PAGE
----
Deadline looms to get health insurance by Jan. 1
12/20/2013 10:06 PM
12/20/2013 10:08 PM
Another major Affordable Care Act deadline is coming up. Monday is the last day people can sign up on the Health Insurance Marketplace and have coverage assured by Jan 1.
Here are the answers to some of the basic questions surrounding this deadline:
Can I sign up for insurance on the federal marketplace after Monday?
Sure. The Monday deadline is only to have insurance in place by Jan. 1. You can keep buying insurance policies on the Health Insurance Marketplace through March 31. But your coverage won’t start until a few weeks after you sign up.
There’s a penalty for not having health insurance next year. Will I face a penalty if I don’t have coverage Jan. 1?
No. The penalty provision allows for a lapse of up to three months of coverage during a year. So you won’t face the penalty unless you still don’t have insurance after March 31.
What is the penalty for not having insurance?
For 2014, it’s the greater of $95 or 1 percent of your annual income. Because the penalty is handled through the Internal Revenue Service, it won’t be paid until you file your tax return in 2015.
Is the healthcare.gov website working smoothly now?
Insurance agents and the navigators paid to help people sign up say the website is working much better than a few weeks ago. Wanda Pearson, who is directing the navigator program for The Cooperative Ministry in Columbia, said the process can be completed in less than an hour if people come in prepared with all of the right information (latest tax returns, any current health insurance policy information, Social Security number).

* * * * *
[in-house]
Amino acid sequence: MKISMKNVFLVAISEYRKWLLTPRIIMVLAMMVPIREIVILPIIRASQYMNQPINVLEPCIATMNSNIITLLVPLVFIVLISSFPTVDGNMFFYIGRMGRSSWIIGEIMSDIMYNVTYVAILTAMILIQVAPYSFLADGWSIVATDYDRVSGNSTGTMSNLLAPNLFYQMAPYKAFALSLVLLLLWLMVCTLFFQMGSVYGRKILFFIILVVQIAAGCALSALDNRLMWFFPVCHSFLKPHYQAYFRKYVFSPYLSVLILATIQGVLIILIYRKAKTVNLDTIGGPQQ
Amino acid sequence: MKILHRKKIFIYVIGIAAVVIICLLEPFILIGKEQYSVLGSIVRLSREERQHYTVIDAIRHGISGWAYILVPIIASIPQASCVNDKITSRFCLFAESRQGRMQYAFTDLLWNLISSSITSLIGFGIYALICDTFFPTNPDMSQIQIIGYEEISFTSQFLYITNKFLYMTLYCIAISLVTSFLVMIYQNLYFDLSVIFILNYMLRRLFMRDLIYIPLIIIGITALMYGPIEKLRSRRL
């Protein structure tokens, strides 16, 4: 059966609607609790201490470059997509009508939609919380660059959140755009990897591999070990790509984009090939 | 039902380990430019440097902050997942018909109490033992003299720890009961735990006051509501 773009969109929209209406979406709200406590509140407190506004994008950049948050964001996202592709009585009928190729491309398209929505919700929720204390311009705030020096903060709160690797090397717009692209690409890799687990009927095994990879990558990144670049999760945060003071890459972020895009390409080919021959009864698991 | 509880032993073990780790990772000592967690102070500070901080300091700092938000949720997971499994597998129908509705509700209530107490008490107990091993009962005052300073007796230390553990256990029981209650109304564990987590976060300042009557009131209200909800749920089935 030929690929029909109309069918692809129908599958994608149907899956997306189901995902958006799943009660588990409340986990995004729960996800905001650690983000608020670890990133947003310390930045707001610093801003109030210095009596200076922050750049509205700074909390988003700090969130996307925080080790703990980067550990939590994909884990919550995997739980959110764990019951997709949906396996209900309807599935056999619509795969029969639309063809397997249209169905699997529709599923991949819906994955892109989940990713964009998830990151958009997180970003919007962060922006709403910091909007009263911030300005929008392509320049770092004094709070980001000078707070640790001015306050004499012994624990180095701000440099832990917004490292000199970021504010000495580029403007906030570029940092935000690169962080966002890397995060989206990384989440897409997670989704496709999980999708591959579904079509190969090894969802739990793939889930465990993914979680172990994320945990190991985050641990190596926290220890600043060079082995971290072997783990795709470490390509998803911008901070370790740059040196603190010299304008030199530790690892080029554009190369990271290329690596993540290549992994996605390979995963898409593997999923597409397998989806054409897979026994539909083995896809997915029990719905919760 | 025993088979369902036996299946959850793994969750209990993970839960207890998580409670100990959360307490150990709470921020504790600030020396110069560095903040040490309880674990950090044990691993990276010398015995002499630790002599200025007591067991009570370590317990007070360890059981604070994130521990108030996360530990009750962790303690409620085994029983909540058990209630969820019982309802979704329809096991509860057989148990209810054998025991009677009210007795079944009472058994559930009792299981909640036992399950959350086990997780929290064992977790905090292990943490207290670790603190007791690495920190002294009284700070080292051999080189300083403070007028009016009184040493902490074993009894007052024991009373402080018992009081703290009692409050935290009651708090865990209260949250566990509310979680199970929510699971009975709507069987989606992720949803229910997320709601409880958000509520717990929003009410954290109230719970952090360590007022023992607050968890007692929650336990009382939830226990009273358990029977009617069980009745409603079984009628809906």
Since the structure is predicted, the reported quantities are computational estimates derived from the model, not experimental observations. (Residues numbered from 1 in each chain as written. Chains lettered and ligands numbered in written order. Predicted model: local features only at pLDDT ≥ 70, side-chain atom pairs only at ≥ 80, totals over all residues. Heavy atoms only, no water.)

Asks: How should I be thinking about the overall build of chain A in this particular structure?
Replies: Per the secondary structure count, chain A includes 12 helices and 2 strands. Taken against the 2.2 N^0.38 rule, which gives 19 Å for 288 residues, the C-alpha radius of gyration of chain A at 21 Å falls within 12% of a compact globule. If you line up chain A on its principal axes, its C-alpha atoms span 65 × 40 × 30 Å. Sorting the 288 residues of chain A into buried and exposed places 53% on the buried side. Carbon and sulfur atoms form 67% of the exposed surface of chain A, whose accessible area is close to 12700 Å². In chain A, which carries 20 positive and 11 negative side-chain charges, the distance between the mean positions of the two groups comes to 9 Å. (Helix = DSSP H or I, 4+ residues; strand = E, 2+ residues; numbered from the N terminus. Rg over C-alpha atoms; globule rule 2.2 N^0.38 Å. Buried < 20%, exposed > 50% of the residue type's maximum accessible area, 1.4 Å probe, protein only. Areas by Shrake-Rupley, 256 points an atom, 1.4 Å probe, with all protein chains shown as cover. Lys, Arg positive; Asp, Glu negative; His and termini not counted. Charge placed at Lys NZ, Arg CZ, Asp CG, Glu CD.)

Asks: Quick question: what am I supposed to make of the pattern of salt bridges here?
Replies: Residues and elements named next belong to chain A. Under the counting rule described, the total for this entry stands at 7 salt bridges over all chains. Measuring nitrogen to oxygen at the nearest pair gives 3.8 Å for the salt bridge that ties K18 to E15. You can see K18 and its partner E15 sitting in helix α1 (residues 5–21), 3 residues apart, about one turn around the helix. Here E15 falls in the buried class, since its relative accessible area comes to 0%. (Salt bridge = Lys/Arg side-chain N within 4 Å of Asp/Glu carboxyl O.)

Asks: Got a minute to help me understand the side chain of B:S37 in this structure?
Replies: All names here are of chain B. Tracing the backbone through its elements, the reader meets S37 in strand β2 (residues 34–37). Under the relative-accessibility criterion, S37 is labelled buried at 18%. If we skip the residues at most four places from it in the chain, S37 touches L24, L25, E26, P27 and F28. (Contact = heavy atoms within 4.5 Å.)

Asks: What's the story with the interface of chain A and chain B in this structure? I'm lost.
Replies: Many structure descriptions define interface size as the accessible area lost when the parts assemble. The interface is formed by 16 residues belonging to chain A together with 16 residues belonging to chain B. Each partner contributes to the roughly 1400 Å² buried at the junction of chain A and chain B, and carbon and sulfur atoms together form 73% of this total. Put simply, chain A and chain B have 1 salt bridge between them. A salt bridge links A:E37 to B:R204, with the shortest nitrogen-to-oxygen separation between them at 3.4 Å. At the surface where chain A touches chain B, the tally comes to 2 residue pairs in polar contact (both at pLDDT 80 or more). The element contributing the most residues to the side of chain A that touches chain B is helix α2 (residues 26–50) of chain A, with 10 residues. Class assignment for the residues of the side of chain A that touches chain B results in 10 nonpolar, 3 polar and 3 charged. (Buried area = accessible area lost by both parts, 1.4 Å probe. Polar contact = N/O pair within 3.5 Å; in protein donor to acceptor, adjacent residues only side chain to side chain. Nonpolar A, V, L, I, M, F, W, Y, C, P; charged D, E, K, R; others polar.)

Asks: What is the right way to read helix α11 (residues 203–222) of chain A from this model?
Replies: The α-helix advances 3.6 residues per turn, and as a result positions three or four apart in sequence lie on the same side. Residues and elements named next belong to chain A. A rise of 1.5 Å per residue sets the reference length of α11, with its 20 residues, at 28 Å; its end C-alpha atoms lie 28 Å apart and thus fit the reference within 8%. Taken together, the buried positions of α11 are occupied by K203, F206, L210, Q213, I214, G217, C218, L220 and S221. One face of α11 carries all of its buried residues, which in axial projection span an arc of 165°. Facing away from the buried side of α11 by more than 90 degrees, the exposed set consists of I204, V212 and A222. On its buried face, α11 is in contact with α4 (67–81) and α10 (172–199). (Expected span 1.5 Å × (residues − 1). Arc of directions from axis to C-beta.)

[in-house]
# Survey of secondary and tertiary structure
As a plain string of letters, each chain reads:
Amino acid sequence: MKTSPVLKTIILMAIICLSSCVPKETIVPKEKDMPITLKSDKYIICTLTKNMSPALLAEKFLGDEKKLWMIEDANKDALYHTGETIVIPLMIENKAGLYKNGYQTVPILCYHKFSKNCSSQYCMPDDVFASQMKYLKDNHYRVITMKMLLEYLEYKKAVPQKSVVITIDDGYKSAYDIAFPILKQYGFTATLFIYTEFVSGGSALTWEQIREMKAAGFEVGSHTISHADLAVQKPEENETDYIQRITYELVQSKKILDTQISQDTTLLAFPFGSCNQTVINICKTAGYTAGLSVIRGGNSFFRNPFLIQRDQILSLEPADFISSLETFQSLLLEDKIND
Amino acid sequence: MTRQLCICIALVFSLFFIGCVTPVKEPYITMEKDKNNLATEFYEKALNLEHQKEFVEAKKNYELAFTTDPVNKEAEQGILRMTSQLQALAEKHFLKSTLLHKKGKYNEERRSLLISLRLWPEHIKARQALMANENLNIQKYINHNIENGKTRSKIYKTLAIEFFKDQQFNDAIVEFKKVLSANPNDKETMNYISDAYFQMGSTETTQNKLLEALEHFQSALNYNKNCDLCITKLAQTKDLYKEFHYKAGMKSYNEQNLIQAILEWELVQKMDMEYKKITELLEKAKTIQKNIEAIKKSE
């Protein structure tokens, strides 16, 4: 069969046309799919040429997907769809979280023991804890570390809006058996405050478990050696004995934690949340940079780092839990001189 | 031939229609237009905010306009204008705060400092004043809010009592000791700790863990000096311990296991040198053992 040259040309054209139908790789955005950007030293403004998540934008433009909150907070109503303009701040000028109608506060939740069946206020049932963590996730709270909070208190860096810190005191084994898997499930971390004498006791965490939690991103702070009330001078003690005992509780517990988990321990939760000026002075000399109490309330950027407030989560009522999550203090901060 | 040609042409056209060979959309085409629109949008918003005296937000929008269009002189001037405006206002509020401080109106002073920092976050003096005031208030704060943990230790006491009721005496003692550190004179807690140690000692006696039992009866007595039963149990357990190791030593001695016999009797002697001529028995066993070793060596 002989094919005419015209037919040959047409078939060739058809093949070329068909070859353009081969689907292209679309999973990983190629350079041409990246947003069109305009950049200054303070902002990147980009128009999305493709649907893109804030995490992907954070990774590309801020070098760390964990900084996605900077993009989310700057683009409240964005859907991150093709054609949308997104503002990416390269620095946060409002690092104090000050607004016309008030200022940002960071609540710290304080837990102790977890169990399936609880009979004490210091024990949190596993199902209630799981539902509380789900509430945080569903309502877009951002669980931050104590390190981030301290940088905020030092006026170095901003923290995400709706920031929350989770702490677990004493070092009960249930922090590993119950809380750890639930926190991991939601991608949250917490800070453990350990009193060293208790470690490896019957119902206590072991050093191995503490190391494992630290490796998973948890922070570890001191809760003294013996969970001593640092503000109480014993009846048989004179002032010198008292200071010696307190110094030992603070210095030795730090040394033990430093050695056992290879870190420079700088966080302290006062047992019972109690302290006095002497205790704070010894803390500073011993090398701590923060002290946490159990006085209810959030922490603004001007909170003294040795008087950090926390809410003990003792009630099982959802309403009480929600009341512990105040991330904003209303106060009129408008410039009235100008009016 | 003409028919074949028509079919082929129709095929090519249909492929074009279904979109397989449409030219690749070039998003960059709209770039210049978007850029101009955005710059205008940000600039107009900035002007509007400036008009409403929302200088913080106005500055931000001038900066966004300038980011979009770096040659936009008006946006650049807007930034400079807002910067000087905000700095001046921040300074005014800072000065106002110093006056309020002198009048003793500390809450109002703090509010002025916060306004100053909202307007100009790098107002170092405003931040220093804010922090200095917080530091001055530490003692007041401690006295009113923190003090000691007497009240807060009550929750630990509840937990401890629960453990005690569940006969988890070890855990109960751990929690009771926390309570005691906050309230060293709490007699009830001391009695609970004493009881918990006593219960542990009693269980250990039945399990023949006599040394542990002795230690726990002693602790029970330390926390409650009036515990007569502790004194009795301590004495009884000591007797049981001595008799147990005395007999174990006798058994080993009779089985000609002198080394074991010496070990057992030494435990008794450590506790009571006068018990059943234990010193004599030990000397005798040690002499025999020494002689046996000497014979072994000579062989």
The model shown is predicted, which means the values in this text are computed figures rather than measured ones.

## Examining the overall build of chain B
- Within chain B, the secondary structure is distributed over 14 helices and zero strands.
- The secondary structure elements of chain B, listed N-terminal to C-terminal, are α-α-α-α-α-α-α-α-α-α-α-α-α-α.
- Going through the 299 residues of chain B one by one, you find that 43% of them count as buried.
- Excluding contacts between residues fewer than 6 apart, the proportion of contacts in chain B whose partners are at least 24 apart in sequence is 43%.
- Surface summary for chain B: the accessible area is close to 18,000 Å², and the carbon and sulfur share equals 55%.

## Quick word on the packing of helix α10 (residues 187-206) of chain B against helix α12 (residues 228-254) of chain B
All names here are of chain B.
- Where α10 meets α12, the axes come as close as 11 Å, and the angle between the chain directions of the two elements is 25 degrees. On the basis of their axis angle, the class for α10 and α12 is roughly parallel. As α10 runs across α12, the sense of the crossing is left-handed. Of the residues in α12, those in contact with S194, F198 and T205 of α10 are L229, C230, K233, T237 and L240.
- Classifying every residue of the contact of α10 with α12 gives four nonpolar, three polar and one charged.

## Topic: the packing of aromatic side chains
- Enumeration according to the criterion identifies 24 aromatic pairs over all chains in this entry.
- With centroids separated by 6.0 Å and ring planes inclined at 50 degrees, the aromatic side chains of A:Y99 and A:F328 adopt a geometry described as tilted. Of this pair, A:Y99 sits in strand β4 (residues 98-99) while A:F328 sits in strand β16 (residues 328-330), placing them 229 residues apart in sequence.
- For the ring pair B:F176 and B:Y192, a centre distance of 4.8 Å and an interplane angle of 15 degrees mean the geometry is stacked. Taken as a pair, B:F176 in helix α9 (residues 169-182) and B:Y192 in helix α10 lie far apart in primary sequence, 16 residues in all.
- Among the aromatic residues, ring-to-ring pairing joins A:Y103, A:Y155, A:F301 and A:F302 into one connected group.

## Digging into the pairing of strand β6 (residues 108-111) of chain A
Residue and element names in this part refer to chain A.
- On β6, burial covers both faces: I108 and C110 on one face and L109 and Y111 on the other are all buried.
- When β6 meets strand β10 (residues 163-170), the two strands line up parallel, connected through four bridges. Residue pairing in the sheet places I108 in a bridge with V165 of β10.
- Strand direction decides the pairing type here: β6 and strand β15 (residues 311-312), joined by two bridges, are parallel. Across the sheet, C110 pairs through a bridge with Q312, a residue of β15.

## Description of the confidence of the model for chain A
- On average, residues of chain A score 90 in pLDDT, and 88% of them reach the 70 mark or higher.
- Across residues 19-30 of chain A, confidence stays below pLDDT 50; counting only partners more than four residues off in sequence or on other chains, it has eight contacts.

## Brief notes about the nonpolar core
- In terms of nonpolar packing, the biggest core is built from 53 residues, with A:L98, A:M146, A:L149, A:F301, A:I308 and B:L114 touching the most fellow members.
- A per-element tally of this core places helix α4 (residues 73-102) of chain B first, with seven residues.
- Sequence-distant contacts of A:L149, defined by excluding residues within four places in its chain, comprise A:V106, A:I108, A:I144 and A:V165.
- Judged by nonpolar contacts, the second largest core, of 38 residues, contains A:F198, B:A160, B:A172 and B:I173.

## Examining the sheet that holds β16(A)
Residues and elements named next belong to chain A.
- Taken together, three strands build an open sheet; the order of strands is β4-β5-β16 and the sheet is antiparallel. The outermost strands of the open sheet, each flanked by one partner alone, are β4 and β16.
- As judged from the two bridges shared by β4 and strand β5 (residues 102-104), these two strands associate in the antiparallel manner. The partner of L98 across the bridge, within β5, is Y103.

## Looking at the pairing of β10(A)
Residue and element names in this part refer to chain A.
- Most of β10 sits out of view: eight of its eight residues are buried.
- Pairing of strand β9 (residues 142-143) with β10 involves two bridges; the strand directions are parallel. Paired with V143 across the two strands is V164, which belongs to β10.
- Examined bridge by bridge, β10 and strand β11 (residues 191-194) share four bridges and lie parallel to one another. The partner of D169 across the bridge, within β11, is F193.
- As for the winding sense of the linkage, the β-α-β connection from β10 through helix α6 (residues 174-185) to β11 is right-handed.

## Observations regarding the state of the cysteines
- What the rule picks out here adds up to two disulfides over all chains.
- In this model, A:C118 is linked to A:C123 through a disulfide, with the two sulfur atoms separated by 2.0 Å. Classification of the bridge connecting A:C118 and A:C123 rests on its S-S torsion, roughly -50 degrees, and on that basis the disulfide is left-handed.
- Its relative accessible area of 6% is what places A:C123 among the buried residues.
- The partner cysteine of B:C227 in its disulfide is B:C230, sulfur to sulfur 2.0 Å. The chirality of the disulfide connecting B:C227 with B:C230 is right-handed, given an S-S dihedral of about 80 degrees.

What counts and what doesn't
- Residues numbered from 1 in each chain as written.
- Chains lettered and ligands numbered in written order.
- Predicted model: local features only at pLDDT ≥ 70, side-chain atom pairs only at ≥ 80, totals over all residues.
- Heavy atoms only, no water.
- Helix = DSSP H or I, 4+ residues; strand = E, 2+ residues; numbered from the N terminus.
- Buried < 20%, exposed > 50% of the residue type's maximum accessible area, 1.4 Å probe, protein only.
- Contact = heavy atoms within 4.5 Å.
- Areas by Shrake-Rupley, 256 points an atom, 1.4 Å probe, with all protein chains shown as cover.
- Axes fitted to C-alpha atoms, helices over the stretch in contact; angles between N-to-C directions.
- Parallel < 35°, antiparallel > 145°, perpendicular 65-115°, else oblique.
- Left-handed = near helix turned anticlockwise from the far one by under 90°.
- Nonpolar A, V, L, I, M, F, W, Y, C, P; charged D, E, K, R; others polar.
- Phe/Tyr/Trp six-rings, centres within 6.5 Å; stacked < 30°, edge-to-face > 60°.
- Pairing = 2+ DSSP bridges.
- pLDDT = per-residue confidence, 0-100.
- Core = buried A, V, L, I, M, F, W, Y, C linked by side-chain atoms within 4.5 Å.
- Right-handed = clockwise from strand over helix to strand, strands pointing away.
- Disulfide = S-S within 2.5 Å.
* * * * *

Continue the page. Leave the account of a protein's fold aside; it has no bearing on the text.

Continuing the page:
Could the healthcare.gov website be overwhelmed again as this latest deadline approaches?
Sure. Even though the website is performing better, it’s going to be tested by a new wave of applicants in the next few days.. Because of the website’s balky first two months, very few people signed up before December. In South Carolina, for instance, applications were completed for 33,596 people eligible for the marketplace by Nov. 30. That’s just 4.6 percent of the estimated 726,000 uninsured state residents estimated to be eligible for coverage through the marketplace.
Will I qualify for government help paying for the policy?
It depends on your income. An individual earning less than $46,000 annually, and a family of four earning less than $94,000 will qualify for a tax credit. The credits are greater for those with lower incomes. The tax credit is used immediately to reduce the monthly premiums, so you don’t have to wait for the next tax return to benefit from the subsidies.
When will I have to make my first payment?
Because of the backlogs and delays on the website, the major insurance groups have agreed to allow the first monthly premium to be received as late as Jan. 10.
I have insurance though my employer. Do I need to do anything?
I have Medicare. Do I need to do anything?
My old policy was canceled because of the ACA. Is my new policy going to be more expensive?
First of all, check with your current insurer. The Obama administration changed course and allowed companies to offer policies that don’t meet ACA requirements in 2014. If your company opted to take advantage of that change, you should have received a letter from your company about this. If you do need to get a new policy, it likely will be more expensive – unless you qualify for tax subsidies. The new policy also likely will cover some things your old policy didn’t, and it likely will have higher deductibles and out-of-pocket expenses and a smaller provider network.